soldiers_angel (soldiers_angel) wrote in just_bunnies,

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Below is an editorial I wrote about purchasing live bunnies as Easter presents. I'm a reporter at a mid-sized daily paper in Central Pa. so every now and then the urge to write an editorial will strike me... in addition to the stories I write regularly. Anyway, since this is a bunny owners forum I thought you all might like to read my work.

Here comes Peter Cottontail, but what will happen after Easter?
They’re fluffy and cute with those long, silky ears, perpetually twitching noses and round, puffy cheeks that beg to be stroked. It’s amusing to watch them hop around using those large back feet and it’s endearing to see them stand up tall, tucking their tiny front paws in towards their tummies, to inspect something beyond their reach.
Because of their sweet, gentle persona, bunnies have earned the role of Easter spokesmodel. So when Easter rolls around parents flock to the nearest pet stores and local farms to buy their child a bunny. What could be cuter presenting a tiny fluff ball sitting in an Easter basket among the candy and toys to a child?
Mom and dad are thinking this will be a wonderful way to teach their youngster responsibility. They think that starting with a small animal like a bunny will better prepare the child for larger responsibilities later in life.
Little do mom and dad know, however, junior will most likely grow tired of his little bunny, probably because of its shy, timid nature and the fact that they are sensitive to loud noises, fast movements and anxious children.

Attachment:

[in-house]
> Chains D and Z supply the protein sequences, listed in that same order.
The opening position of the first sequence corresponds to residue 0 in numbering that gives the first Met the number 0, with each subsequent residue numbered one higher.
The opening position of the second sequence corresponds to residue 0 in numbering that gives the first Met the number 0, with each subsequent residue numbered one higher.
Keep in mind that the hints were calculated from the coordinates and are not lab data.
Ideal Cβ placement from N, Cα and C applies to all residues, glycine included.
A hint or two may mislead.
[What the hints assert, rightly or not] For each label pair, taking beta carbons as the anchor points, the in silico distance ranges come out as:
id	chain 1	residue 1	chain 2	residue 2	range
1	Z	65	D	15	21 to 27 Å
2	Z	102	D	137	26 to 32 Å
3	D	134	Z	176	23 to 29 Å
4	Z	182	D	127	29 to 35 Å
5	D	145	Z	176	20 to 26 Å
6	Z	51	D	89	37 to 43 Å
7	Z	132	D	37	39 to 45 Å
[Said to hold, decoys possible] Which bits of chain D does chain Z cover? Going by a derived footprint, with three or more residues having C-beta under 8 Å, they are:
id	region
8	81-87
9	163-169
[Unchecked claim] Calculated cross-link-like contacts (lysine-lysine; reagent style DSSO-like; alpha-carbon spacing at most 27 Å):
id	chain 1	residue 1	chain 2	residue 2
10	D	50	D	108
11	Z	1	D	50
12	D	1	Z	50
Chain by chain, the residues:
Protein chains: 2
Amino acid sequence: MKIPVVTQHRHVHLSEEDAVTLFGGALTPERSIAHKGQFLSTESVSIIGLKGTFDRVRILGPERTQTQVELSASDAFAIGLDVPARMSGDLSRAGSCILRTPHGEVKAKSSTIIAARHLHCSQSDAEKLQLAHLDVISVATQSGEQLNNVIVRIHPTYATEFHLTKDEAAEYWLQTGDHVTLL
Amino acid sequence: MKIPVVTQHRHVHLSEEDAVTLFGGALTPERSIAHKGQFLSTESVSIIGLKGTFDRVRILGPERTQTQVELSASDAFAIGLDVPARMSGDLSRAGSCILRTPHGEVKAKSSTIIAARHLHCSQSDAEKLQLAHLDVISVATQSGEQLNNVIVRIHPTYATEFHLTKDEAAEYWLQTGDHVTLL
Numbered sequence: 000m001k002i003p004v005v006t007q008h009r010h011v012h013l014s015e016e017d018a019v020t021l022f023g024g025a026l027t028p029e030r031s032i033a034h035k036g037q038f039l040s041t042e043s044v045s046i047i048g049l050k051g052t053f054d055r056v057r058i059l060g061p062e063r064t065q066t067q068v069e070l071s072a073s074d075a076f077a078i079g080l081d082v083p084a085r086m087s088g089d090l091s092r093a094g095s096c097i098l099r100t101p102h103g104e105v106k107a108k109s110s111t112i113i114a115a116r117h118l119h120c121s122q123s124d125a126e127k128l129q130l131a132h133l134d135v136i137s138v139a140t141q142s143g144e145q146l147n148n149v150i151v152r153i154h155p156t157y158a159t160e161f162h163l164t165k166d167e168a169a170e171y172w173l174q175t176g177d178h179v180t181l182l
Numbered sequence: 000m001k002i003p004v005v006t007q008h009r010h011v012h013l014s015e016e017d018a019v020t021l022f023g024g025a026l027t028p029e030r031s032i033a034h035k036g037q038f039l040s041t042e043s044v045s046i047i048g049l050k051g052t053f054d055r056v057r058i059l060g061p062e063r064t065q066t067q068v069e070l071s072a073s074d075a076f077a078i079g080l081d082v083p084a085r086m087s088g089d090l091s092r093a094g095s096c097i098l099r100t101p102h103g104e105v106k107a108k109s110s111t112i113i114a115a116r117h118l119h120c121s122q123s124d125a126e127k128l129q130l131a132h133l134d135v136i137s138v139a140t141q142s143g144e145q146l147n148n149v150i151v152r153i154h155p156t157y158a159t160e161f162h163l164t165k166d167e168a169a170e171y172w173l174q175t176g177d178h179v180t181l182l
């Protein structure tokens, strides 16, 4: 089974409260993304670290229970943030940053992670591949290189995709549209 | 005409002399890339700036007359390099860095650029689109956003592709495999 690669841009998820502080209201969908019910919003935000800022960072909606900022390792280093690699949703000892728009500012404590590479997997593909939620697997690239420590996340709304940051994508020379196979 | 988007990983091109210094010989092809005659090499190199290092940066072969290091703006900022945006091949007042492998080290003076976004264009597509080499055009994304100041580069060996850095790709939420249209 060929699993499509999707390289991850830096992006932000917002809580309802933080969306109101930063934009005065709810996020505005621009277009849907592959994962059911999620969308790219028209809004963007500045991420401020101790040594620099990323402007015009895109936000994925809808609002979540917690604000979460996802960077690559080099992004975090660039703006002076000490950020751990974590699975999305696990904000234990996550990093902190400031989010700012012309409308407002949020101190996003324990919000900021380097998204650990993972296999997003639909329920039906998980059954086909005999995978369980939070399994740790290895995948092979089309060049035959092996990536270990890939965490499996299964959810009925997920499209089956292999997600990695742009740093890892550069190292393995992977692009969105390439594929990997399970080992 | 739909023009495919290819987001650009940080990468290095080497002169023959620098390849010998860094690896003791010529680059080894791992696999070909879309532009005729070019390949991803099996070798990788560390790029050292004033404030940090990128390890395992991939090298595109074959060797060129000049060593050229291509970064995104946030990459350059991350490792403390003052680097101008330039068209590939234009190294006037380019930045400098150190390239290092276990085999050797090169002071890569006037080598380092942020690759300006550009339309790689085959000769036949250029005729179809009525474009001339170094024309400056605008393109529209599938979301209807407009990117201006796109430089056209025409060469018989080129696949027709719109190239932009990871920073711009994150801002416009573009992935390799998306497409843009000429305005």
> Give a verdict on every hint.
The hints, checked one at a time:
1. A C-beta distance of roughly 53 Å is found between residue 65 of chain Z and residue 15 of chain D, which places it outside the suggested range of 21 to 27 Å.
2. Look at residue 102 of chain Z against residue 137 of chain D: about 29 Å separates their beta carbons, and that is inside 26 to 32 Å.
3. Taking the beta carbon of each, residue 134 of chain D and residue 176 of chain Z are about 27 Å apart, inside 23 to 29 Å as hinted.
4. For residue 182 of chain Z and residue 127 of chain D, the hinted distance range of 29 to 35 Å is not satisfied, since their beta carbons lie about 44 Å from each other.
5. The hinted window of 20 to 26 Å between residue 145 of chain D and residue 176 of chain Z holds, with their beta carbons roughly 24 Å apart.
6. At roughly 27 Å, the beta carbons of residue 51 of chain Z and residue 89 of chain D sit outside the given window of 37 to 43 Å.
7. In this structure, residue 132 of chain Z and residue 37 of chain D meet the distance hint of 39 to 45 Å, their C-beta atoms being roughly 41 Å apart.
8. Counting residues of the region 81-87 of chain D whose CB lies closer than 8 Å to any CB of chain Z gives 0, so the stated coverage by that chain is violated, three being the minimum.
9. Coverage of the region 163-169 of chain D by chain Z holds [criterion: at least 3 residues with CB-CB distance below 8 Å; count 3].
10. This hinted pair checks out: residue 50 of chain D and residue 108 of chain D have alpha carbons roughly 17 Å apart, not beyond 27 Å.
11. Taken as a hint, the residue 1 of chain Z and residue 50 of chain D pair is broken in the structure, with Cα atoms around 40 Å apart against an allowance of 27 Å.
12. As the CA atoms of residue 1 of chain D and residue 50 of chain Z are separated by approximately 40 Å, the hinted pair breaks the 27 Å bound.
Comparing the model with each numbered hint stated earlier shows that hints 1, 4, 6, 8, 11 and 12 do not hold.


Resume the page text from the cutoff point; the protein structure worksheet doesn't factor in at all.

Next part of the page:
As a result, mom and dad either end up taking care of bunny themselves or surrender him to an overcrowded shelter where, chances are, if bunny doesn’t find a new home he will be euthanized to make room for the next wave of unwanted bunnies.
But the truth is, these curious creatures require a tremendous amount of attention. Rabbits require a constant supply of Timothy hay, pellet food (not the kind with the dried up fruit and vegetables in it) and a daily supply of various fruits and leafy vegetables.
In addition, most people don’t seem to realize that rabbits need to run around — constant confinement to a cage will not suffice. Instead, it breeds overweight, depressed bunnies who become more prone to sickness and disease.
As a “mom” to two adorable little dwarf rabbits, who were once unwanted babies searching for their forever home, I’ve come to fully understand what it takes to raise and keep these skittish, but amazing, little creatures happy and healthy.
My itty bittys, Yiska and Joy, live the high life and have not only taken hold of my heart but have also taken over my living room — their over-sized cage is encompassed by an exercise pen and always remains open. Yiska and Joy have the freedom to hop in and out of or on top of it whenever they please. As an added bonus to me, I never have to worry about them satisfying their insatiable hunger for electrical wires and wooden furniture while I’m away at work.
Don’t get me wrong, rabbits make amazing pets as each one of these intelligent creatures is endowed with a unique, vibrant personality. But before adopting or purchasing a rabbit, thorough research needs to be done.
Remember, the average life-span of a healthy rabbit is 8- to 10-years, so please, before you consider purchasing an Easter Bunny for your child, think about what the outcome will be and be prepared to take on full-time responsibility. If there’s any chance, no matter how small, that your child won’t want to care for the rabbit and you know you would rather not have the responsibility, then please don’t buy a bunny.
But if your heart is set on getting a furry little cottontail in time for Easter, do the proper research and please be willing to open your heart and life to an 8- to 10-year commitment. Believe me, it will be well worth your time.
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